Older IBD Patients Show Increased Risk for Parkinson’s Disease, Study Suggests
Whether the same association exists for younger patients — ages 59 or younger — remains to be determined, according to the researchers.
The study, “Older patients with IBD might have higher risk of Parkinson’s disease,” was published in the journal Gut.
The chronic activation of pro-inflammatory mechanisms, which occurs in autoimmune conditions, has been increasingly recognized as a critical contributor of neurodegenerative disorders.
Studies suggest that this may happen due to the “gut-brain axis” — the two-way communication between the nervous system and the intestine that monitors gut function and links certain regions of the brain to intestinal functions, such as immune activation or intestinal permeability.
In line with the findings, some studies have already reported that patients with IBD — an autoimmune condition characterized by chronic inflammation of the gut — are 22-41% more likely to develop Parkinson’s than those without IBD.
However, a case-control study that examined Medicare data from 89,790 Parkinson’s cases and 118,095 population-based controls suggested that IBD actually reduced the risk for Parkinson’s by 15%.
To clarify this association, a team at Sichuan University in China reviewed all studies investigating the link between IBD and risk of Parkinson’s. Five studies met the inclusion criteria defined by the team, including a total of 9,174,766 participants.
Overall, IBD patients did not have a significantly higher risk of Parkinson’s than reference individuals, nor did patients with ulcerative colitis or Crohn’s disease — the two main forms of IBD — when examined individually.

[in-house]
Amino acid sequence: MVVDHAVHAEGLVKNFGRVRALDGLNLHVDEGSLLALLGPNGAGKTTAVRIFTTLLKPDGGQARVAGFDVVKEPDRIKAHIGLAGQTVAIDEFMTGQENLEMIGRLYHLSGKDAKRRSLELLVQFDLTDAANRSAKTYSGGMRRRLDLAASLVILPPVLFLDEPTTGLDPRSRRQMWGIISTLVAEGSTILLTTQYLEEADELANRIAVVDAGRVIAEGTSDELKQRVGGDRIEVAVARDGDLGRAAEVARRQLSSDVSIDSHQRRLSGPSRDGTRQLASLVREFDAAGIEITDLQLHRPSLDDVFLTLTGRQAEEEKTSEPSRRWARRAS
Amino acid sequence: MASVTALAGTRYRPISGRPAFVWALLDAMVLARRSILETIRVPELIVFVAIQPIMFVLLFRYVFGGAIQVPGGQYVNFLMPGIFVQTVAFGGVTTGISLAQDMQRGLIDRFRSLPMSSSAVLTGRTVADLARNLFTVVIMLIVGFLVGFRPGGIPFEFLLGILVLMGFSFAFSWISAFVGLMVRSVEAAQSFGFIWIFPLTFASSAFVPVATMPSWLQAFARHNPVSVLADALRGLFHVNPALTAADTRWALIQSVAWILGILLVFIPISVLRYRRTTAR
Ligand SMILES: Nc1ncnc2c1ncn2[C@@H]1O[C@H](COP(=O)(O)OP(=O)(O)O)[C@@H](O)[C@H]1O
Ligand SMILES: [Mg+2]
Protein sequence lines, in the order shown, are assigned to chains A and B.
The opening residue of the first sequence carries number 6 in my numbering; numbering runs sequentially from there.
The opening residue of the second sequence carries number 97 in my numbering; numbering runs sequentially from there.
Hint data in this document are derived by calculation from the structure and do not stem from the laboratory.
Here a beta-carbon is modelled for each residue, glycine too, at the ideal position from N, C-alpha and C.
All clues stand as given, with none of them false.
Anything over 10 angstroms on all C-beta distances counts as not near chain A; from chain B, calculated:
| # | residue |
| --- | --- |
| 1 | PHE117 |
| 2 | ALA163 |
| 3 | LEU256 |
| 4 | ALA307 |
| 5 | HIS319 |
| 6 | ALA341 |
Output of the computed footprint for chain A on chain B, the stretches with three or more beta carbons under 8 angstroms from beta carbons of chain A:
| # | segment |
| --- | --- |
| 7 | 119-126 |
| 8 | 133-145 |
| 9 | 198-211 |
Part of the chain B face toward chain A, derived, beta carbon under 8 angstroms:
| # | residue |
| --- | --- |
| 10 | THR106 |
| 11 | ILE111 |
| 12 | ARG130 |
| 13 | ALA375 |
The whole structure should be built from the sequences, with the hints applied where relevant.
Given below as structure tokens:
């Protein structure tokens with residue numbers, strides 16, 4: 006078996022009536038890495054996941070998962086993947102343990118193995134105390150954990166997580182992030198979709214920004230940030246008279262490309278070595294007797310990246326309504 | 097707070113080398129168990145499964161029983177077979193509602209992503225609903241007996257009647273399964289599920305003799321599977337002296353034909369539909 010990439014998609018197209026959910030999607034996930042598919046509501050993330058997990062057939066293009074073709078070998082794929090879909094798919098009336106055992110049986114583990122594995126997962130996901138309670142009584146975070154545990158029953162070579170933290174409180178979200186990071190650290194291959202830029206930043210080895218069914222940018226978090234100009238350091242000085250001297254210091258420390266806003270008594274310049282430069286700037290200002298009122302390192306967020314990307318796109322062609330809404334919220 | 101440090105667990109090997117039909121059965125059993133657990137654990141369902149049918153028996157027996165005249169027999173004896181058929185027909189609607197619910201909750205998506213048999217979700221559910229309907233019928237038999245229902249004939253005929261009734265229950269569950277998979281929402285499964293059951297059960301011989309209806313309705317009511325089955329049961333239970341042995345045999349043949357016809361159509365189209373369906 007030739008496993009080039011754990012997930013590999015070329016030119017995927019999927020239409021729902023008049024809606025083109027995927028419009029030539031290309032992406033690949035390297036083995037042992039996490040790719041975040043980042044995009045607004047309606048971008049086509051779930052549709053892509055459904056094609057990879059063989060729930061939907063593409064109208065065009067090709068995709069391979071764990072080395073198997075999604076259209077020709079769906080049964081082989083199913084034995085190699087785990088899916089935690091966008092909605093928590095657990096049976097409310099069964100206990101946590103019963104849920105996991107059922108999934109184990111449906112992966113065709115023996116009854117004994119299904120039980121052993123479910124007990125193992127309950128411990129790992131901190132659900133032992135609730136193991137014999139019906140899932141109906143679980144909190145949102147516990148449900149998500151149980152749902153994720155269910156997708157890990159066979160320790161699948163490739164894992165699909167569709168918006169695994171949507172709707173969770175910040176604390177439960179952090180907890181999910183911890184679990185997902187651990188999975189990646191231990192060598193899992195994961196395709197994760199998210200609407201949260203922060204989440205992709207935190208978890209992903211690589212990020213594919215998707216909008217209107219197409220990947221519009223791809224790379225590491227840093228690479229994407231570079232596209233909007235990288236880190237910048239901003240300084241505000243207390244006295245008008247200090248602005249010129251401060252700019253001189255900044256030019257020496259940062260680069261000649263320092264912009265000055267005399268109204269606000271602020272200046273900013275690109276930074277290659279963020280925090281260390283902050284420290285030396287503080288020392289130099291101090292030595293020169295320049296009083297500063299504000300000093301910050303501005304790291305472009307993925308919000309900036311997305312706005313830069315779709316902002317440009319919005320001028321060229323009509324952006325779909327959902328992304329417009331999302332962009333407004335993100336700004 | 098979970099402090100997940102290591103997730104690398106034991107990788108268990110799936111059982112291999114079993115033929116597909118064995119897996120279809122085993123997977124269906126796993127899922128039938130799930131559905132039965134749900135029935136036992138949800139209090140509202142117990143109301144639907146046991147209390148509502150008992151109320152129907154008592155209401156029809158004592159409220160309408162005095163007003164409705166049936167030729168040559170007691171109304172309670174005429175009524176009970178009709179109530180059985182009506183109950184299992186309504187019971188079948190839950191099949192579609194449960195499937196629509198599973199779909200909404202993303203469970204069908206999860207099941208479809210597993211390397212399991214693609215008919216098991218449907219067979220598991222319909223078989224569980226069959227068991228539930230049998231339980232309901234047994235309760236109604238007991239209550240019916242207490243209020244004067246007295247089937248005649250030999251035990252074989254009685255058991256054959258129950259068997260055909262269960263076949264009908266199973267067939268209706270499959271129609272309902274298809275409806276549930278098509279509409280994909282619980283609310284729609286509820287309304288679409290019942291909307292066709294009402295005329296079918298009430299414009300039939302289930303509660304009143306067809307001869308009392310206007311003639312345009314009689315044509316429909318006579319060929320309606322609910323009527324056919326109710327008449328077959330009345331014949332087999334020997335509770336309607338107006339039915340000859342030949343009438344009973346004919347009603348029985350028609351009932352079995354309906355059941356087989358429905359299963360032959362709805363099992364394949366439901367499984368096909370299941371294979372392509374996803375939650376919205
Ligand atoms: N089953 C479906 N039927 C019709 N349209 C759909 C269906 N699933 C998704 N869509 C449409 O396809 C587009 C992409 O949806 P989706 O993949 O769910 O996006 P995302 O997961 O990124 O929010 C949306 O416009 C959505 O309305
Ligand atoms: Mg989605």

However, patients 60 years or older were found to have a 32% higher risk of developing Parkinson’s. Patients 50 years or younger did not show this association, the researchers said.
“Our meta-analysis showed that patients with IBD did not have an increased risk of PD; however, subgroup analysis with cohort studies showed that they might be associated with increased risk of PD,” the researchers wrote.
“Age has been regarded as an important risk factor for Parkinson’s disease,” they added, but the findings suggest that “age at IBD diagnosis might be a risk factor of Parkinson’s disease.”
Interestingly, the team found that some studies reported medication-related side effects in the IBD population that resembled parkinsonism in the older population.
“It is necessary to take it into consideration whether older people will take more medications, and whether these medications lead to a higher risk of Parkinson’s also needs further studies to verify in the future,” they said.
Additional well-designed observational studies are still warranted to further explore the risk of Parkinson’s disease within the younger IBD population, the team noted.